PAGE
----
Women's experiences of outpatient induction of labour
Outpatient induction of labour is offered to relieve the pressure on inpatient stay and to improve women's experiences.
To contribute to the knowledge of outpatient induction of labour with the focus on women's experiences to inform practice. The question was: ‘What are women's experiences of outpatient induction of labour?’
A comprehensive literature review using a pluralistic approach and thematic analysis.
The review found three themes: the home as a positive setting for outpatient induction of labour, the value of outpatient induction of labour in promoting normality and the importance of receiving reassurance during outpatient induction of labour.
Although the results were mostly positive and in favour of outpatient induction of labour, there were variations in service provision. There was a lack of understanding as to how best to offer reassurance to women once discharged home, which was found to have a direct effect on their experiences.
Approximately 32.6% of labours in the UK are induced, either before or after the estimated due date (NHS Digital, 2018). This number has increased by 12.2% in the past 10 years (NHS Digital, 2018) and is likely to increase further due to a rise in more complex pregnancies with risk factors that indicate the need for delivery of the fetus. A further significant influence on induction of labour rates is the publication of the Saving Babies' Lives Care Bundle (O'Connor, 2016), which states an objective to decrease the stillbirth rate by 20% by 2020. By implementing the recommendations set out in the care bundle, there is a likelihood that induction of labour rates will increase and affect service demands (O'Connor, 2016).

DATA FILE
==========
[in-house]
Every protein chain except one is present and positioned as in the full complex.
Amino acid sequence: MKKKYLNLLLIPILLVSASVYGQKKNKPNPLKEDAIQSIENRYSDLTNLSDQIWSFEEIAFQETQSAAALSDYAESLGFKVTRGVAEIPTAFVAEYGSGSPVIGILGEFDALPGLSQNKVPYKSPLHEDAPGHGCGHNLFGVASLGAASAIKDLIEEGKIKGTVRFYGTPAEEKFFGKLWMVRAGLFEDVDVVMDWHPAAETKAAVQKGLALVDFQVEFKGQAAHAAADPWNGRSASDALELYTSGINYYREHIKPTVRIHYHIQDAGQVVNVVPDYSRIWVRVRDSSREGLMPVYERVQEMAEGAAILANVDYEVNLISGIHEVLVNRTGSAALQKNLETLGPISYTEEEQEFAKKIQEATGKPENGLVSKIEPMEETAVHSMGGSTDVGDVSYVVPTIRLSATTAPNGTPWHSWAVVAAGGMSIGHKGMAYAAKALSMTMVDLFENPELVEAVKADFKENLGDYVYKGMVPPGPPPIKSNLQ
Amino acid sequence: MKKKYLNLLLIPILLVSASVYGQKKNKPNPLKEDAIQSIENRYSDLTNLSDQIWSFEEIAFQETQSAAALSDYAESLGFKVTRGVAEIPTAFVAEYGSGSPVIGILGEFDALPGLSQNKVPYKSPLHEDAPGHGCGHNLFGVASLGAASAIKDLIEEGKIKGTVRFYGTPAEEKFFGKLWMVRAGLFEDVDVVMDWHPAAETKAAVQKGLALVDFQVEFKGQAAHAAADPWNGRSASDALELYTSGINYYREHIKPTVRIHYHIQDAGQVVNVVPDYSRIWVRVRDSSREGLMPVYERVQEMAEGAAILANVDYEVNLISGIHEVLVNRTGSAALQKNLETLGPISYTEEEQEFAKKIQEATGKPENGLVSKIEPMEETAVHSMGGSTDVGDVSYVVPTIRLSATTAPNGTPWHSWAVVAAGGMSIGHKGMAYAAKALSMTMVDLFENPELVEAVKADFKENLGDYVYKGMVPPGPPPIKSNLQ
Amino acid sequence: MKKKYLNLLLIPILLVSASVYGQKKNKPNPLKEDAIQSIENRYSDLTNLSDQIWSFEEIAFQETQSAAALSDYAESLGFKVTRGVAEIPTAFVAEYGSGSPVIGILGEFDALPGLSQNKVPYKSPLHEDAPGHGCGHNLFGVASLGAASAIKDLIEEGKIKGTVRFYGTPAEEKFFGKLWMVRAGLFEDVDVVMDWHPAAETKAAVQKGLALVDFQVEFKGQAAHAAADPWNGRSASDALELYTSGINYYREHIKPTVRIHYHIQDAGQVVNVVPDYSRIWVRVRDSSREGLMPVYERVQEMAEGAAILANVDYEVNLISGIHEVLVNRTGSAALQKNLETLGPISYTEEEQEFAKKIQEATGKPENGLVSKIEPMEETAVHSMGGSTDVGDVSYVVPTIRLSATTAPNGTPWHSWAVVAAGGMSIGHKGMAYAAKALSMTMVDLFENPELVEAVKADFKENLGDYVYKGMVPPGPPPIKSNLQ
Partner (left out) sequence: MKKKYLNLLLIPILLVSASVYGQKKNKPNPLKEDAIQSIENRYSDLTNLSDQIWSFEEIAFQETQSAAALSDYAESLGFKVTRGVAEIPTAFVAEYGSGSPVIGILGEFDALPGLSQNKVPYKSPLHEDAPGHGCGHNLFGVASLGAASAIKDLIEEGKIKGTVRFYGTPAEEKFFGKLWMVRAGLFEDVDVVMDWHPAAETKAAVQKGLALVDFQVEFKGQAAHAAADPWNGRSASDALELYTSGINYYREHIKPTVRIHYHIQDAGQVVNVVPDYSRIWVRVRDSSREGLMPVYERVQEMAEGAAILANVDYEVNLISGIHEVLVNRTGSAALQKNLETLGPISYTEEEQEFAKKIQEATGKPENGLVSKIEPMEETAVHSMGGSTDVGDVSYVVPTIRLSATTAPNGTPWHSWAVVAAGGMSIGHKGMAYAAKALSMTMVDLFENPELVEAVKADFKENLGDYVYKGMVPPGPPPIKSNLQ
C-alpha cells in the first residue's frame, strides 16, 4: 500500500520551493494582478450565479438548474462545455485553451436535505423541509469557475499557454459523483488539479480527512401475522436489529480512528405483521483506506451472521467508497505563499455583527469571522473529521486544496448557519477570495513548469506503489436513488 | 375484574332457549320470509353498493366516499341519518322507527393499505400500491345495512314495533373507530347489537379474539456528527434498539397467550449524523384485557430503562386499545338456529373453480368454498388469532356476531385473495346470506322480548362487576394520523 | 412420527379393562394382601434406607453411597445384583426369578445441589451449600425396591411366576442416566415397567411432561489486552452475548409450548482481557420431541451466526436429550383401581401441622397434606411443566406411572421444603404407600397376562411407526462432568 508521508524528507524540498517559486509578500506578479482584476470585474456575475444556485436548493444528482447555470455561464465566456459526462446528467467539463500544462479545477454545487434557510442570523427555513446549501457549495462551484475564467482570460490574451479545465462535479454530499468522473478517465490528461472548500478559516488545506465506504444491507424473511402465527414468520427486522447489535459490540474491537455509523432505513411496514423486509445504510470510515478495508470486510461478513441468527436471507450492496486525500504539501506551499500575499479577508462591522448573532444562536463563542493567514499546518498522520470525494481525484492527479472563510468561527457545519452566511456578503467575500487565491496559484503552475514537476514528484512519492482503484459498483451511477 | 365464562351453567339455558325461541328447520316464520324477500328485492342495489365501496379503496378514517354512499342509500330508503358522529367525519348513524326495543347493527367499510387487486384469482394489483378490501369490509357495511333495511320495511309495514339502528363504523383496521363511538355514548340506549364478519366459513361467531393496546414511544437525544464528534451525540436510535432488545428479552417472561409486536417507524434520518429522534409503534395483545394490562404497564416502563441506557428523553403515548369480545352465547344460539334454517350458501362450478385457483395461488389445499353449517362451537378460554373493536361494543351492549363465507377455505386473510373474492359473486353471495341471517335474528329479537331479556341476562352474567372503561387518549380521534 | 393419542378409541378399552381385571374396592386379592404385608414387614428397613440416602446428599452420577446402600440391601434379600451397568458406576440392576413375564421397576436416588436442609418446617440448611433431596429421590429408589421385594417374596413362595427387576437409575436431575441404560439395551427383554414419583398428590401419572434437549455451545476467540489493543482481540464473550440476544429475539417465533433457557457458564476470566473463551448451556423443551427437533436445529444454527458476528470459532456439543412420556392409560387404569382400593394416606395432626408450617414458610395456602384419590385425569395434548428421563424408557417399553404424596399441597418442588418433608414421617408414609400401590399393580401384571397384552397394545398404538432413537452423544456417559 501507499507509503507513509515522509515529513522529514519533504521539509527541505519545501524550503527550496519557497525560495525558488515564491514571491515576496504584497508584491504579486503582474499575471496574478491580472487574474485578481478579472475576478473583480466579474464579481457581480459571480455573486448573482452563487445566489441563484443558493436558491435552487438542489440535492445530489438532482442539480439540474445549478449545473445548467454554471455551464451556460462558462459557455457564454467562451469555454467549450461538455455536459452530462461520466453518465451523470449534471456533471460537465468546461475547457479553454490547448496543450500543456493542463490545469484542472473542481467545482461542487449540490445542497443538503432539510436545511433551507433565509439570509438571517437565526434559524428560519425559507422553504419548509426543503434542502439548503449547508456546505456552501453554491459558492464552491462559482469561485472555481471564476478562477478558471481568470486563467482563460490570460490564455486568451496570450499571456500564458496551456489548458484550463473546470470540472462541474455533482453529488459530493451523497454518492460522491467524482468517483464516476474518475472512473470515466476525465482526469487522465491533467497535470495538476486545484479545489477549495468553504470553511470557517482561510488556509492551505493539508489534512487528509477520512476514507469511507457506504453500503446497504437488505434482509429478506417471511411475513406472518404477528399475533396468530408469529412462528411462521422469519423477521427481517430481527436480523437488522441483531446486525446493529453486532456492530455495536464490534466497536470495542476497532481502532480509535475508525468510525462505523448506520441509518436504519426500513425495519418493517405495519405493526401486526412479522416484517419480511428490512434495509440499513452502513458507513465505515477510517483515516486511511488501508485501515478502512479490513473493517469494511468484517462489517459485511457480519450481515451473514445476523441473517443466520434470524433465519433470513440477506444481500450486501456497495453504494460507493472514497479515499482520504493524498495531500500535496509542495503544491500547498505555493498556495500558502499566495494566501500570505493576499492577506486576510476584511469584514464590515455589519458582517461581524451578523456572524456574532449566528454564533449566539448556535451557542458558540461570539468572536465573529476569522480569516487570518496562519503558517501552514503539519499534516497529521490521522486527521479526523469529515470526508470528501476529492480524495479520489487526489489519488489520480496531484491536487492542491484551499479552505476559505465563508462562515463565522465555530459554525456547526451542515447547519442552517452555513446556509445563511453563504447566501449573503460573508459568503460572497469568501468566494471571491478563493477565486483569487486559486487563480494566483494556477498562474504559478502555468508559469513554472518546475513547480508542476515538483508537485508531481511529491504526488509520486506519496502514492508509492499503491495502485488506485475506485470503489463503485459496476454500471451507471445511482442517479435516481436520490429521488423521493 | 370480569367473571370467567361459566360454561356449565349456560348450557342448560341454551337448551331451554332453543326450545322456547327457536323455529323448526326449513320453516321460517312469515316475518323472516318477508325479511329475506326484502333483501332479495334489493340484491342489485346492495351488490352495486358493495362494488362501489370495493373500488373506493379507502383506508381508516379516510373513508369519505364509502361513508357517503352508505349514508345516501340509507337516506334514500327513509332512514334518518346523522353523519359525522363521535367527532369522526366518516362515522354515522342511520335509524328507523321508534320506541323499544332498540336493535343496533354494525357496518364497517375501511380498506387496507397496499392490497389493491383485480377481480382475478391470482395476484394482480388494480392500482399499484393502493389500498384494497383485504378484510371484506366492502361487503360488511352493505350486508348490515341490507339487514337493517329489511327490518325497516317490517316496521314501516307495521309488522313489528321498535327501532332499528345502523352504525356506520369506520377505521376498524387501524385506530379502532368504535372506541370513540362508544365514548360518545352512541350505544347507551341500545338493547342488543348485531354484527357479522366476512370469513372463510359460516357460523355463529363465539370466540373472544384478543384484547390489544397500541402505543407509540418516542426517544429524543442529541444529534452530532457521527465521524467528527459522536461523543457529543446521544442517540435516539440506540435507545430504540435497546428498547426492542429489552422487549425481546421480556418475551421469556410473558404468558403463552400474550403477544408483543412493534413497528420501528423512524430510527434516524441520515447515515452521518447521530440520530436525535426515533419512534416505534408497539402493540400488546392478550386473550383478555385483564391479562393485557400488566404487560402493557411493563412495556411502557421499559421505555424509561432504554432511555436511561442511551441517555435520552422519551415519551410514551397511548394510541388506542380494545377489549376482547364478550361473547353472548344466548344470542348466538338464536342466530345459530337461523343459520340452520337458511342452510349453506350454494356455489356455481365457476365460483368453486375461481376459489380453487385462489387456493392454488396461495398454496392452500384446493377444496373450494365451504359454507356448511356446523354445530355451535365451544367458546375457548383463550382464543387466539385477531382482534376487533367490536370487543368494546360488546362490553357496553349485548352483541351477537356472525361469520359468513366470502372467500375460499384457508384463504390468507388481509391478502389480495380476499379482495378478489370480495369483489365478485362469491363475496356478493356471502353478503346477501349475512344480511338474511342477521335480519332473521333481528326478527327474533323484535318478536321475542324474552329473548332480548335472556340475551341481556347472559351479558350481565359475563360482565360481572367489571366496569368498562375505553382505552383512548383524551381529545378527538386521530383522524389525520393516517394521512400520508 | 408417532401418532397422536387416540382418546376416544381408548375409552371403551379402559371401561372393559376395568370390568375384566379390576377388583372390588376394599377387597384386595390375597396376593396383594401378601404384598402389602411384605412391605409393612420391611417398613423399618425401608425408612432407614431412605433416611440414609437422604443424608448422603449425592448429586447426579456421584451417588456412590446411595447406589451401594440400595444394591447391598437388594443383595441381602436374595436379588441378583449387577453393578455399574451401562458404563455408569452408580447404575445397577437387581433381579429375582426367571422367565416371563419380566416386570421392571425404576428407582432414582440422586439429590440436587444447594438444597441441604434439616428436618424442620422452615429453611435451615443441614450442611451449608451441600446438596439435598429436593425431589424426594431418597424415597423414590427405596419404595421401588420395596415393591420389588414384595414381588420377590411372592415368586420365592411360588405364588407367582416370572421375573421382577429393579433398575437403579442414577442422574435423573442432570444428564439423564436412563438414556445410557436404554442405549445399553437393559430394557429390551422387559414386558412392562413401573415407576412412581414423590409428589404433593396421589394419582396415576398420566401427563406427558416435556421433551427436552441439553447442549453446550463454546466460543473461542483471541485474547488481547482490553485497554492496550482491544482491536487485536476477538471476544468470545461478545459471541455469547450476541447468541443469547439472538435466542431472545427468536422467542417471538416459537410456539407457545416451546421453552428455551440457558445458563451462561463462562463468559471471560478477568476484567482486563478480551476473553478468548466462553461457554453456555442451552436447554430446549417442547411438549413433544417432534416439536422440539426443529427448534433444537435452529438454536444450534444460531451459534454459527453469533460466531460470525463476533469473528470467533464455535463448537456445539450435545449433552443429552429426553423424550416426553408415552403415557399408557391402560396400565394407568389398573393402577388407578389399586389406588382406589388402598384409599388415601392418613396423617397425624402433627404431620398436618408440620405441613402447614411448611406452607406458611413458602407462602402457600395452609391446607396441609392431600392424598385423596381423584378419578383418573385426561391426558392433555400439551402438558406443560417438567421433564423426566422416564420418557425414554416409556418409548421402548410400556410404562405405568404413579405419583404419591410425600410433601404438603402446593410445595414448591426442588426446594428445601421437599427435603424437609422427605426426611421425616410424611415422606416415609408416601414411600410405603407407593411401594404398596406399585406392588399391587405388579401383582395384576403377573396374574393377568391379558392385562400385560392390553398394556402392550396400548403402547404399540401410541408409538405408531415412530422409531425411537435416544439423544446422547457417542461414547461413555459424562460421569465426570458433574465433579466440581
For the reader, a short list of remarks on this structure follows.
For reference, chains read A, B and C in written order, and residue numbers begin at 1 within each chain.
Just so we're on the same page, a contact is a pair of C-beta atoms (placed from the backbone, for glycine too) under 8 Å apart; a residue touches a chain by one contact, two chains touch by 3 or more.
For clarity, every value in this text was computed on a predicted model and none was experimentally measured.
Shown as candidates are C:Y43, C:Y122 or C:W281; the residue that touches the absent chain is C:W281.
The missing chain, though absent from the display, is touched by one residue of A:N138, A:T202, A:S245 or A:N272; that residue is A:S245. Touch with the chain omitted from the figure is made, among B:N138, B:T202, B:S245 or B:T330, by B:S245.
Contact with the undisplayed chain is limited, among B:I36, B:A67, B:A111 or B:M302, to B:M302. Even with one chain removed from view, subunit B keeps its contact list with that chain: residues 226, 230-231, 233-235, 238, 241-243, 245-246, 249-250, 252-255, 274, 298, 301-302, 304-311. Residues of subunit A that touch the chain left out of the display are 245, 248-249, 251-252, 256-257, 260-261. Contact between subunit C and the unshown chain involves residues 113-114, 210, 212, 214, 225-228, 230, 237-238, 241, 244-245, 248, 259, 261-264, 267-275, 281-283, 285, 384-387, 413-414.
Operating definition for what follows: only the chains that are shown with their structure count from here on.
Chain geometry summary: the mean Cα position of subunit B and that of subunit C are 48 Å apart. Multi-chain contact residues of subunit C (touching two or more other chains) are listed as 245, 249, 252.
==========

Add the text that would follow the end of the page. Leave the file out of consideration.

However, it is widely recognised that most women want as much as possible to have a physiological and normal birth (Gammie and Key, 2014; Downe, 2017; Jay et al, 2018). Induction of labour has been shown to have a negative impact on women's experiences, often leading to dissatisfaction, increased pain, increased likelihood of instrumental births and obstetric interventions (O'Dwyer et al, 2015). Women have also reported neglect due to staff shortages, a lack of choice in care when undergoing induction of labour and a lack of privacy in the ward environment, which is typically where induction of labour takes place (Henderson and Redshaw, 2013). As a result, outpatient induction of labour services have become an attractive option to improve women's experience of induction of labour (Henderson and Redshaw, 2013). This supports the recommendations set out in Better Births (National Maternity Review, 2016), which called for high-quality, personalised and family friendly services to be provided to women and their families. Seven key recommendations were developed, one of which, ‘personalised care’, identified that women should be encouraged to make informed choices about their care, with clinical commissioning groups (CCGs) providing maternity services in a range of settings, including the home (National Maternity Review, 2016).
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